Thursday, December 23, 2010

Chromosome bias in R, my notebook

My goal is to develop a means of detecting chromosome bias from a human BAM file.

Because I've been working with proprietary and novel plant genomes for the last three years, I haven't had the chance to use any of the awesome UCSC-based annotational features that have been introduced and refined in Bioconductor until now. I've returned to biomedical research and I have some catching up to do.

BSgenome might sound like horsecrap, but each Biostrings-based genome data package is actually a huge digested version of a UCSC/NCBI genome freeze and basic sequence annotation compiled into R objects.

BSgenome at Bioconductor
Be careful with googling bioconductor help - often the results point to older versions. Make sure your link has "release" in the url.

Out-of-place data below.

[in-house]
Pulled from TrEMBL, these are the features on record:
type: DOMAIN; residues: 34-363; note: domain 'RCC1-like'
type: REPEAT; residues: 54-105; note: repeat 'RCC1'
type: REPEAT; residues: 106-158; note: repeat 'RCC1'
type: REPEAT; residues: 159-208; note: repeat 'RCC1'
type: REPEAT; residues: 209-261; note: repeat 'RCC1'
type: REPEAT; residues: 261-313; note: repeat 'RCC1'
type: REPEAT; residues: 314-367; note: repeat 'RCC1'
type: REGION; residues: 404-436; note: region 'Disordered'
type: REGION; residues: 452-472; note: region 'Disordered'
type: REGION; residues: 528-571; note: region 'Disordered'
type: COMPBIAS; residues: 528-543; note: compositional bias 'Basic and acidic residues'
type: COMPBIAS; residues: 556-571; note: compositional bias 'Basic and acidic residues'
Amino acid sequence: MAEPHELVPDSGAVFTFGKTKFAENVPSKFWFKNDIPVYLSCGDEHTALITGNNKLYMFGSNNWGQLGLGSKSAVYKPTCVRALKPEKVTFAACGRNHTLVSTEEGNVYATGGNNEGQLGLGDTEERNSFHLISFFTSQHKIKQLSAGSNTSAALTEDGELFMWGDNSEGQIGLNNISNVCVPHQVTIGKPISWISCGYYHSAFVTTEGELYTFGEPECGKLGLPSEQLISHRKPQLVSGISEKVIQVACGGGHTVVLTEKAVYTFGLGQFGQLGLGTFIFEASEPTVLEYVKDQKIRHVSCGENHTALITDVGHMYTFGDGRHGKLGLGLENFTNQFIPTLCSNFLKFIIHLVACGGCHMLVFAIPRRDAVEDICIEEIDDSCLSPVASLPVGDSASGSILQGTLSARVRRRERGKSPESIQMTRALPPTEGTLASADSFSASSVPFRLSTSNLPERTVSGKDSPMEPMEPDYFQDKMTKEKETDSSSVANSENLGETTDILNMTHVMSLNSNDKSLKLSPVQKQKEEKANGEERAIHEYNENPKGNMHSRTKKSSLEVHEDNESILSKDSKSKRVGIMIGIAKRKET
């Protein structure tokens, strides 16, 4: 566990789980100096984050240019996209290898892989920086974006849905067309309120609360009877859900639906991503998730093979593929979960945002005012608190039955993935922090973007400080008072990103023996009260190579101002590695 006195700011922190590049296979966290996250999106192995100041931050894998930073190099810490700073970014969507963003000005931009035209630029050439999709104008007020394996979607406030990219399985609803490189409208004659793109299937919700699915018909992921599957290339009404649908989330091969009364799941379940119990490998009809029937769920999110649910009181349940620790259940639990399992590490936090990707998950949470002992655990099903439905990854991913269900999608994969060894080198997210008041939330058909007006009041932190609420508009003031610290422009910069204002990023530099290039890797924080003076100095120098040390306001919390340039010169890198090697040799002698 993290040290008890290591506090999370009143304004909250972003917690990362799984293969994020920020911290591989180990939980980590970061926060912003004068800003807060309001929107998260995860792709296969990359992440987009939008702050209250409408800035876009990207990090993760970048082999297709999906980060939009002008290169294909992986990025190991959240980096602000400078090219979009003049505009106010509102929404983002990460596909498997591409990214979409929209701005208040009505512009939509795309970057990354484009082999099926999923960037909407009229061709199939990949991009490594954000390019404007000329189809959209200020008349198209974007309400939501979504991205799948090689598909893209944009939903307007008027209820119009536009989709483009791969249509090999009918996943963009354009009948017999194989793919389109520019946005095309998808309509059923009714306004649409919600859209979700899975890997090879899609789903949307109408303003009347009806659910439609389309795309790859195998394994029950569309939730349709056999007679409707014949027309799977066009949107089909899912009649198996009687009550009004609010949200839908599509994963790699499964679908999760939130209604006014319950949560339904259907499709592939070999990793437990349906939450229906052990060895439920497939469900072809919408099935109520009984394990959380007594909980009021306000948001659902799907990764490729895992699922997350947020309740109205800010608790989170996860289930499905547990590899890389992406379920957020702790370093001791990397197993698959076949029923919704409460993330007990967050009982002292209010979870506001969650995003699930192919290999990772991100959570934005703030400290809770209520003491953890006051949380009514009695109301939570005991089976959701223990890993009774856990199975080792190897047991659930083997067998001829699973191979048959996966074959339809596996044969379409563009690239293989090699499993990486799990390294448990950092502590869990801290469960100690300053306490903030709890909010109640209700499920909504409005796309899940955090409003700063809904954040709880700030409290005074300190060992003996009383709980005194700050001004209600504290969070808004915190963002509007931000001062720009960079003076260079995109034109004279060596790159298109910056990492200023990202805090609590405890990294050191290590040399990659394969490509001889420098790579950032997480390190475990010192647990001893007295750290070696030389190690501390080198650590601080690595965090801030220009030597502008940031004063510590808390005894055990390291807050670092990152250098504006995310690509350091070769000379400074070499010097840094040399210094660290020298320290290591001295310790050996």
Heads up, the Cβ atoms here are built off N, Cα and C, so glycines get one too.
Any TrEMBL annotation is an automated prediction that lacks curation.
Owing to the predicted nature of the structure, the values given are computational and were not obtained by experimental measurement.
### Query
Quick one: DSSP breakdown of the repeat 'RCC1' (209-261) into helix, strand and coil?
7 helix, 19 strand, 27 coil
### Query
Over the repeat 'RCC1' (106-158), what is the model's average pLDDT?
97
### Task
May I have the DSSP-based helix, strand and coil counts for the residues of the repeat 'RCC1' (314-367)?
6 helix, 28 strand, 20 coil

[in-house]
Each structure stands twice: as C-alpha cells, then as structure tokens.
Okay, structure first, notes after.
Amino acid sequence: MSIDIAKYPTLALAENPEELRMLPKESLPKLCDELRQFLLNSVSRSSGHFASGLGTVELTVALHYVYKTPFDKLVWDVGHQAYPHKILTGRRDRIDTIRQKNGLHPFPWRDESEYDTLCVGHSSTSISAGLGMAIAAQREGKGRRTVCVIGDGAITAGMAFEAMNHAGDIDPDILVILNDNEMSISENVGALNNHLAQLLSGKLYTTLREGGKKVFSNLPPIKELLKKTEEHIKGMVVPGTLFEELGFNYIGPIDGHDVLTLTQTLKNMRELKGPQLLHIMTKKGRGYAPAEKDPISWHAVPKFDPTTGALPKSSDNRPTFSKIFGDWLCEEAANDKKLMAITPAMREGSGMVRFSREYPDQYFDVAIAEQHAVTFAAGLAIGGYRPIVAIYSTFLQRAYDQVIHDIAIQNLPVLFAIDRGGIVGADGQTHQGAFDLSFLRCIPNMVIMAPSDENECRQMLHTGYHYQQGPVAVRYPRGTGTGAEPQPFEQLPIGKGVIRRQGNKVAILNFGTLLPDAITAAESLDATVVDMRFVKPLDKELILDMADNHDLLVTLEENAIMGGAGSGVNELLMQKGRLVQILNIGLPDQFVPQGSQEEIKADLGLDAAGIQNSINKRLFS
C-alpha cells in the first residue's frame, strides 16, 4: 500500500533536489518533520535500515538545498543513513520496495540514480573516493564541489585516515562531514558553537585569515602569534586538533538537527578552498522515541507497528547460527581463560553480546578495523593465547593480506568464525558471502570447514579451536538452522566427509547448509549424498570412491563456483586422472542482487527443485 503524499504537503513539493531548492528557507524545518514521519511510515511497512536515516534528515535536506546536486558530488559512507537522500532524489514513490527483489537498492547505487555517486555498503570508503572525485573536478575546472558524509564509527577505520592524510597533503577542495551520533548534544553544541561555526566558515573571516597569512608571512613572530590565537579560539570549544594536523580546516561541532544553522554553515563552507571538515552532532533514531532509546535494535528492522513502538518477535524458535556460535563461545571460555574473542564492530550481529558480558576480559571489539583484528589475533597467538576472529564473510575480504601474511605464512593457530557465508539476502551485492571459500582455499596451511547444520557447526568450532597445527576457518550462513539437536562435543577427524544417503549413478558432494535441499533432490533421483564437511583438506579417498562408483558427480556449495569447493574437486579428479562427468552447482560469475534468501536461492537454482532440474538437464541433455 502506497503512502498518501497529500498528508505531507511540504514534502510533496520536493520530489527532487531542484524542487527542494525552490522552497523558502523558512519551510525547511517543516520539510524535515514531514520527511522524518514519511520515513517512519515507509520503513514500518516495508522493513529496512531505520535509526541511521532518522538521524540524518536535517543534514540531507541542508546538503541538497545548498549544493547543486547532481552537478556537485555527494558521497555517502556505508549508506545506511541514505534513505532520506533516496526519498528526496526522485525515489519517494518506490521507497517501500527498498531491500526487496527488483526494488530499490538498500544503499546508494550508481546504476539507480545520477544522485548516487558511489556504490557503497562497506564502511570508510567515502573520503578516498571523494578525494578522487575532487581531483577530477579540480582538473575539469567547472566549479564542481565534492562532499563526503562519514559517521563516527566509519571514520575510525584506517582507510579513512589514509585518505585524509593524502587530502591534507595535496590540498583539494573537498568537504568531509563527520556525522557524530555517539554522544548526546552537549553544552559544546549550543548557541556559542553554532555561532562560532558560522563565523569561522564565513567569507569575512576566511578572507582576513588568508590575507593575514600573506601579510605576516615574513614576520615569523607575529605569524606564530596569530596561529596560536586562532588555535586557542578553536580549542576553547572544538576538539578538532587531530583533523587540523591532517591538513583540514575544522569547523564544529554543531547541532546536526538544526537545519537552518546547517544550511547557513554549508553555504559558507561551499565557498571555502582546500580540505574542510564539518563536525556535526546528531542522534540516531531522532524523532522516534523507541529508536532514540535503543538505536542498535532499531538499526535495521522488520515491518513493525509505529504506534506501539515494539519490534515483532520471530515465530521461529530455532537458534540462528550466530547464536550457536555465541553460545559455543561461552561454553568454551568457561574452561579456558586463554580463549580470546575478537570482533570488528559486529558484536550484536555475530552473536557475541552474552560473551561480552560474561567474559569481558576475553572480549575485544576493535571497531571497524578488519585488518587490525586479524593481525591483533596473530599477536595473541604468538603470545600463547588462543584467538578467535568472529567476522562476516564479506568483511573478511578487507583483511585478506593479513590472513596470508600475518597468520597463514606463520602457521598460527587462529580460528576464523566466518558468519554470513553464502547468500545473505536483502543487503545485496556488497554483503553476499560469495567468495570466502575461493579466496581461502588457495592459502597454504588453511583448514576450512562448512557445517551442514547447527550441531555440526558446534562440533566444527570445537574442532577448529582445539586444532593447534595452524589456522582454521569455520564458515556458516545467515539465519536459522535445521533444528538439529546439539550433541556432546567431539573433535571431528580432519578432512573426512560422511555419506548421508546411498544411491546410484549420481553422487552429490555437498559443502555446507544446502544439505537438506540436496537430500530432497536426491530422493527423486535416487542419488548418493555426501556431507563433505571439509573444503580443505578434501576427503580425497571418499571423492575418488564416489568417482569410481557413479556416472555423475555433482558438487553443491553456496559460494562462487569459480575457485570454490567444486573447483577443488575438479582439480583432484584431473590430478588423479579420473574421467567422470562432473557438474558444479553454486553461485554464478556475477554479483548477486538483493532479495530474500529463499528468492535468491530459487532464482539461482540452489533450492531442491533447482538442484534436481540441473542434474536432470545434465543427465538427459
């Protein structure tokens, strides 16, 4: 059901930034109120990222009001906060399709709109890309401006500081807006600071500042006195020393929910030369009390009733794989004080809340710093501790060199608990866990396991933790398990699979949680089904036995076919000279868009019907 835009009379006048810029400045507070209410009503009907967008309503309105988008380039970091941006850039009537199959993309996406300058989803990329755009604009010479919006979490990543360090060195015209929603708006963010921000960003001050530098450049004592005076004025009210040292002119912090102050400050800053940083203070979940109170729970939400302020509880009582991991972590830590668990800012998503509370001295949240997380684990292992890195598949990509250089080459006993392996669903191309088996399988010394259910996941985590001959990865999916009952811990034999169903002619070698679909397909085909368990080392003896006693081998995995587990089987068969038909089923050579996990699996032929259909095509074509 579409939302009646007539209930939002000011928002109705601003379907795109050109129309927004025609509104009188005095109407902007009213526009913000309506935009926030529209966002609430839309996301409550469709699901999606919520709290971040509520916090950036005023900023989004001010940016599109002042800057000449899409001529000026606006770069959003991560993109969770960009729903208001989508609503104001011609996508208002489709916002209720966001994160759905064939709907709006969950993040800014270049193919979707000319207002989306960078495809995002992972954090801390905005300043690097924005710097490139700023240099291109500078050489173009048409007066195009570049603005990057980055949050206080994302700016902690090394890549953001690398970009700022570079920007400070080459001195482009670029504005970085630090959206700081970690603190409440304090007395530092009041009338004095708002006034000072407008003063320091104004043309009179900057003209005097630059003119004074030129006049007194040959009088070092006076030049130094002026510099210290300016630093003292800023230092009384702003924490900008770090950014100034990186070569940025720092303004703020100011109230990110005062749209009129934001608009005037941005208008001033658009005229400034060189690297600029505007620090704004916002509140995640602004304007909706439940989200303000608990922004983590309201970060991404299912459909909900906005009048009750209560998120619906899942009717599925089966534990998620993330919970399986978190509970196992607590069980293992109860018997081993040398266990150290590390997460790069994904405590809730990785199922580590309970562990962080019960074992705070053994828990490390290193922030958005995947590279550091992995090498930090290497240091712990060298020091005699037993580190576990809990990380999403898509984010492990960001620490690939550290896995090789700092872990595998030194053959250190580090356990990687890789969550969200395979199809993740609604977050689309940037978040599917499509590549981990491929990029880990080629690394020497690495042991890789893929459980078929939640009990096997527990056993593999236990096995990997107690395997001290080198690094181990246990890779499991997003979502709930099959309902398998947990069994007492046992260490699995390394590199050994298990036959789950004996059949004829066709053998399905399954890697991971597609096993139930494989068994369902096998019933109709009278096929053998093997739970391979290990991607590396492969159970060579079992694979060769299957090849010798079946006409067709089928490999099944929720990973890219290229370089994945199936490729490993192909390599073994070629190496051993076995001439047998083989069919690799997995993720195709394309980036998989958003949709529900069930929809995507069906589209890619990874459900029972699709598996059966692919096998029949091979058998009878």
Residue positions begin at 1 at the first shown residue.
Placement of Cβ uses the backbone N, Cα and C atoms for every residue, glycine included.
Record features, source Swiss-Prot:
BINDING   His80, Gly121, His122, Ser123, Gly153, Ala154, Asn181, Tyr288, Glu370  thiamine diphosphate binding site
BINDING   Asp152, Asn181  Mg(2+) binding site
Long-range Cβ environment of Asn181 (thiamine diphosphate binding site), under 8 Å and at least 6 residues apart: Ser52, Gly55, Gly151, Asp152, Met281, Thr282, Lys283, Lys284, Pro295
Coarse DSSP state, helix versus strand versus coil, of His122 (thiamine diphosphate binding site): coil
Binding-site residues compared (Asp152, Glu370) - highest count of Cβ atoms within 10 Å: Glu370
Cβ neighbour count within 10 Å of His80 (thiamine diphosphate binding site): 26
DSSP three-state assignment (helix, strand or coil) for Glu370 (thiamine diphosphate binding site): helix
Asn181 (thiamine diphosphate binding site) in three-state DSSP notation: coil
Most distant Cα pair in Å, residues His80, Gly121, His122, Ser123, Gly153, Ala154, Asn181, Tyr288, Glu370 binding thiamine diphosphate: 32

Here are the BSgenomes available today:
> available.genomes(type=getOption("pkgType"))
BioC_mirror =
Change using chooseBioCmirror().
 [1] "BSgenome.Amellifera.BeeBase.assembly4" "BSgenome.Amellifera.UCSC.apiMel2"     
 [3] "BSgenome.Athaliana.TAIR.01222004"      "BSgenome.Athaliana.TAIR.04232008"     
 [5] "BSgenome.Btaurus.UCSC.bosTau3"         "BSgenome.Btaurus.UCSC.bosTau4"        
 [7] "BSgenome.Celegans.UCSC.ce2"            "BSgenome.Celegans.UCSC.ce6"           
 [9] "BSgenome.Cfamiliaris.UCSC.canFam2"     "BSgenome.Dmelanogaster.UCSC.dm2"      
[11] "BSgenome.Dmelanogaster.UCSC.dm3"       "BSgenome.Drerio.UCSC.danRer5"         
[13] "BSgenome.Drerio.UCSC.danRer6"          "BSgenome.Ecoli.NCBI.20080805"         
[15] "BSgenome.Ggallus.UCSC.galGal3"         "BSgenome.Hsapiens.UCSC.hg17"          
[17] "BSgenome.Hsapiens.UCSC.hg18"           "BSgenome.Hsapiens.UCSC.hg19"